This view of religious conscience was reflected not only in all of the original state constitutions, but also in the pulpit oratory of the period. “The members of a civil state do retain their natural liberty or right of judging for themselves in matters of religion,” proclaimed Yale minister Elisha Williams. “Every man has an equal right to follow the dictates of his own conscience in the affairs of religion.” The unconcealed objective of the Founders—consistent with the cultural assumptions of most Americans—was not to render religion impotent, but to protect its independence from government meddling. Their common aim was to increase religion’s moral influence in civic and political life.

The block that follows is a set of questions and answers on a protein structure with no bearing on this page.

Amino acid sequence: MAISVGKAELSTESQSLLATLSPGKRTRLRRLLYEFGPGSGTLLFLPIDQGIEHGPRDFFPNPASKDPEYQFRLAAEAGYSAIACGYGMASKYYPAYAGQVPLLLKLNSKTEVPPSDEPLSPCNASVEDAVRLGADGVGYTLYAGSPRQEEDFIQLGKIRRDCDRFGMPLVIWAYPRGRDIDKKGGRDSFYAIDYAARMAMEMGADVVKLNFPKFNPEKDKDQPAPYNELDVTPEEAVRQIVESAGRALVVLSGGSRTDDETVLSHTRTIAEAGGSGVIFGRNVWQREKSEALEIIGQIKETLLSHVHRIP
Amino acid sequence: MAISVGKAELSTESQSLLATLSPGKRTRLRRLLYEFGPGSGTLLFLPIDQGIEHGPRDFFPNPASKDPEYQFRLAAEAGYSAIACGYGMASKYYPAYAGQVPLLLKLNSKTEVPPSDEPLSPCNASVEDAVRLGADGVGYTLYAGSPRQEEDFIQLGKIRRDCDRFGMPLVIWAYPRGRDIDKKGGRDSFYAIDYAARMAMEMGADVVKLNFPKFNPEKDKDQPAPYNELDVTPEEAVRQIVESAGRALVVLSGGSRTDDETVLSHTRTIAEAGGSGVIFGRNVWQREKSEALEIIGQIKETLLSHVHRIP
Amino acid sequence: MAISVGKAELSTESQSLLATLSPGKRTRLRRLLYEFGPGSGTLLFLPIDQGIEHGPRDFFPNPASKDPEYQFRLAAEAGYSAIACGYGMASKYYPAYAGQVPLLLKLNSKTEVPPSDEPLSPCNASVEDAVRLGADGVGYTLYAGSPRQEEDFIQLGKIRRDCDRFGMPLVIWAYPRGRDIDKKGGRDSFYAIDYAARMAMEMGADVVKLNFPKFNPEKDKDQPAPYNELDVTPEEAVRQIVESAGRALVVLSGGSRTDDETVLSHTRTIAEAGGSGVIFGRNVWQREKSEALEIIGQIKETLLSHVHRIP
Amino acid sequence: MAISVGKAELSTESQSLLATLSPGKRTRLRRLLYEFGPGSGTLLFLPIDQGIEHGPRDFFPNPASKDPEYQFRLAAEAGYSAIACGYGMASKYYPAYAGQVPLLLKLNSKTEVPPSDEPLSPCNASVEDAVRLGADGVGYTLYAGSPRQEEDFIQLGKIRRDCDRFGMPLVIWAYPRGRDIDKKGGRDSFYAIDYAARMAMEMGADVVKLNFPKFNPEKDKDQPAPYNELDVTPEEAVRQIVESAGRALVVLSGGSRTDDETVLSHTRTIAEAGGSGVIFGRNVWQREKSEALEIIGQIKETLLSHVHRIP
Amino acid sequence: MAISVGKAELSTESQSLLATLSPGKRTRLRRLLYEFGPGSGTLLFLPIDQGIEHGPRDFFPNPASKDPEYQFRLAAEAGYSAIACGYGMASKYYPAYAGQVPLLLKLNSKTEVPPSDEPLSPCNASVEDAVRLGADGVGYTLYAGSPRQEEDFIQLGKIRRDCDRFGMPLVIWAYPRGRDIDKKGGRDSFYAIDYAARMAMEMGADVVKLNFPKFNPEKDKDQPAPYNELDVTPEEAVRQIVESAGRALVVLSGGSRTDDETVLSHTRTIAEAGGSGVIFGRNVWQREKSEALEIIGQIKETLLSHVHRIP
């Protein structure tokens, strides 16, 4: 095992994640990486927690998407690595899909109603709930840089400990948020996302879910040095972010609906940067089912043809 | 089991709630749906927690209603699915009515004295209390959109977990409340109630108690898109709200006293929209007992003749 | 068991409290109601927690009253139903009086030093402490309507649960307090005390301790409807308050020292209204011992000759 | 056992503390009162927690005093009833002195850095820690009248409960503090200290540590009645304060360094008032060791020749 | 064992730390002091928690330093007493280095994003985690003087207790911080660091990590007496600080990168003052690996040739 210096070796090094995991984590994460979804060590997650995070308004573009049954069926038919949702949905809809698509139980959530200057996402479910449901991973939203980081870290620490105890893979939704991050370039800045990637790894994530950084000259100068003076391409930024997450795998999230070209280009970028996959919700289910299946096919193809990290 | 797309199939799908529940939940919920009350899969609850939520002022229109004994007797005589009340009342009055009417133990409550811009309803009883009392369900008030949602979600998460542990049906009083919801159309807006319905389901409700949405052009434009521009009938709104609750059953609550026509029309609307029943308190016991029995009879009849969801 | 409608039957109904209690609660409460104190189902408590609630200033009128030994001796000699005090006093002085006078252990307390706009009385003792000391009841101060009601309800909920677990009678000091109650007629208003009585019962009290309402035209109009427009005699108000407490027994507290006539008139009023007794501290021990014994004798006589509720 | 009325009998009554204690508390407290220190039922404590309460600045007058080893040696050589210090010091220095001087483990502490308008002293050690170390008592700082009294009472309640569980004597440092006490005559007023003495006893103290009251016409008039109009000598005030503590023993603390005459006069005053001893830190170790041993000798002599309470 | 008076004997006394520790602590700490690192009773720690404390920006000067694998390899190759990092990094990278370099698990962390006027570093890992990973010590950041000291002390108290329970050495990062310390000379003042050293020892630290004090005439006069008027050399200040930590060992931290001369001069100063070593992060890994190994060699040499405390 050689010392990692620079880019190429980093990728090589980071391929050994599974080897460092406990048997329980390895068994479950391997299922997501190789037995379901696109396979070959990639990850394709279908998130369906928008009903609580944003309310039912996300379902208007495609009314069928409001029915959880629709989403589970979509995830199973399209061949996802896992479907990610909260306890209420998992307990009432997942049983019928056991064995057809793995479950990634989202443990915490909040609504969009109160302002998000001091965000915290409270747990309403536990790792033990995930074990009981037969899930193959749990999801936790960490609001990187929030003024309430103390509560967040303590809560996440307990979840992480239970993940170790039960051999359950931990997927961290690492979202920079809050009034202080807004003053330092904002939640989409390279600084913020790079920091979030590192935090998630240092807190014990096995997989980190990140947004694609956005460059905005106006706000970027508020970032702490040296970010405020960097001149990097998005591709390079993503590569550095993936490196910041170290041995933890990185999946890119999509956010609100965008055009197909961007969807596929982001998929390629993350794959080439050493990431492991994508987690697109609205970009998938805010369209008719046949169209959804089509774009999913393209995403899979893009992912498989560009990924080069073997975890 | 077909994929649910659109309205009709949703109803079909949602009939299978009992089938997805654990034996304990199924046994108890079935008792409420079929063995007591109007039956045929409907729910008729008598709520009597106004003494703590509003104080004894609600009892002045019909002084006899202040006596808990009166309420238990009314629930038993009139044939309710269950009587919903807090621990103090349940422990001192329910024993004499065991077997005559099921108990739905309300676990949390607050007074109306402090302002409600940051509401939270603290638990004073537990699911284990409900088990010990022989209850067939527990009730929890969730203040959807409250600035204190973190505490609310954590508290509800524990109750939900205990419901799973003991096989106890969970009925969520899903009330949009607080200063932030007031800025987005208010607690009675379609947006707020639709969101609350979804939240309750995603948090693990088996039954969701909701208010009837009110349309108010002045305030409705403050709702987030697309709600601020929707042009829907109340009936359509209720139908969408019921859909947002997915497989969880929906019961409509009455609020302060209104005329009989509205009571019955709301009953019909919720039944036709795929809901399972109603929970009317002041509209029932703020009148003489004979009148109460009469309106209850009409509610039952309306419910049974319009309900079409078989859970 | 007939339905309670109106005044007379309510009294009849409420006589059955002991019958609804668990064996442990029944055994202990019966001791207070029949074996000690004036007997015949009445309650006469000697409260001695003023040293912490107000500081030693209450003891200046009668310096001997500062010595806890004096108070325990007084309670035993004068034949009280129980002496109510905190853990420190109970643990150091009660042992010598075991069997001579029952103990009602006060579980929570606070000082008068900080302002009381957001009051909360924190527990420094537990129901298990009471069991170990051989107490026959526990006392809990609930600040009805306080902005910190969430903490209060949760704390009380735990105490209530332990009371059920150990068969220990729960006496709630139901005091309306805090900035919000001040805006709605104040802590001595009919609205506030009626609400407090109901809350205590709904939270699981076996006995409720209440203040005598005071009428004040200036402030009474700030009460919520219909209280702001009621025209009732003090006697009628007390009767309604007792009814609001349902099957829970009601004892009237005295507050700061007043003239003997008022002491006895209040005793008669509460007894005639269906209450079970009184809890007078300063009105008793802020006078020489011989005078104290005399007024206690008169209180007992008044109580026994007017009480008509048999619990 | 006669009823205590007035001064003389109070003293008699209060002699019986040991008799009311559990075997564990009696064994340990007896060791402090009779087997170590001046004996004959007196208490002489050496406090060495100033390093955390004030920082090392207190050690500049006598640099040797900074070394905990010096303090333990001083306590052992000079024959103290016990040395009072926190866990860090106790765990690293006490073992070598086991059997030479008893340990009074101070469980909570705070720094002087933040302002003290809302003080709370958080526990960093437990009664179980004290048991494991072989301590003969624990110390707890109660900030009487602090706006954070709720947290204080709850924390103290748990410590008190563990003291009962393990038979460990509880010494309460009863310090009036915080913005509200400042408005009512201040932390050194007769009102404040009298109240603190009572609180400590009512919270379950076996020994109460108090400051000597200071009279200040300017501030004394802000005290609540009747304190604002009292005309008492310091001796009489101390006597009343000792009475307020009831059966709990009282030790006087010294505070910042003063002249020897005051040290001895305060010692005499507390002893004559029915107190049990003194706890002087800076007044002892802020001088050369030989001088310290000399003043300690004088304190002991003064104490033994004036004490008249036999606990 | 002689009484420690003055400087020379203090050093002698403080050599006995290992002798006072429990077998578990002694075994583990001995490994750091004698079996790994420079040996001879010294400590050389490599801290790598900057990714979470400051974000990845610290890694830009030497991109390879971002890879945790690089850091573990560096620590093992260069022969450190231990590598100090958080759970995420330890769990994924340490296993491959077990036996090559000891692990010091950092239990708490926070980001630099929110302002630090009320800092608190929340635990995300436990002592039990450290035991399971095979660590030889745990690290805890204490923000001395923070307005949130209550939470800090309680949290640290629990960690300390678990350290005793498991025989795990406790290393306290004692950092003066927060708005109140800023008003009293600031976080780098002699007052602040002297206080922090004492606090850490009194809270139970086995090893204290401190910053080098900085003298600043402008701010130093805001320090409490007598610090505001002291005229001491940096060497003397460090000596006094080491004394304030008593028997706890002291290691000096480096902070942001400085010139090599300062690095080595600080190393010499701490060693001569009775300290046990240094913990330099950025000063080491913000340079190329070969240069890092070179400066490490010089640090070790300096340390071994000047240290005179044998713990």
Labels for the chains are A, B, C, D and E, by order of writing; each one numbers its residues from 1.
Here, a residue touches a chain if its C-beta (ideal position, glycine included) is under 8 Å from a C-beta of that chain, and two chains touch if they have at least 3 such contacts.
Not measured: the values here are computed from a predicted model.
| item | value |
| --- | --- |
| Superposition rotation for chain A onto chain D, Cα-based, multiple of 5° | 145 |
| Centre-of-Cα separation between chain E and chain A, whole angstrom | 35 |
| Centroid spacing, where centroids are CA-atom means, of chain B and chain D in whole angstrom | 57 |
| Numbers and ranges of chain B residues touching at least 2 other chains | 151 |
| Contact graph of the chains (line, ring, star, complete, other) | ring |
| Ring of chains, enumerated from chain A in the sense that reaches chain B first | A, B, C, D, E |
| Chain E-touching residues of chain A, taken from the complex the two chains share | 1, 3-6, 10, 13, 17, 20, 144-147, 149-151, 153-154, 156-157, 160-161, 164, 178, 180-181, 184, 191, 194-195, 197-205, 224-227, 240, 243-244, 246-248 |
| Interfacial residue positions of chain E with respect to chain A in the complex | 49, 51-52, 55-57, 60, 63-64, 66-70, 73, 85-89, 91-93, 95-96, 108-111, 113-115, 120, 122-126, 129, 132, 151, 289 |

Madison’s Memorial helped to defeat the religious assessment bill, clearing the way for Jefferson’s Bill for Establishing Religious Freedom, a defense of the rights of conscience that shaped the religion clauses of the First Amendment. Herein lies the singular insight of their civic vision: liberty of conscience as the first freedom in the constitutional order, an inalienable right intended to anchor the other civil liberties in the Bill of Rights. To achieve this, there could be no national religion, no attempt to create a unified religious community—in short, no revival of Christendom.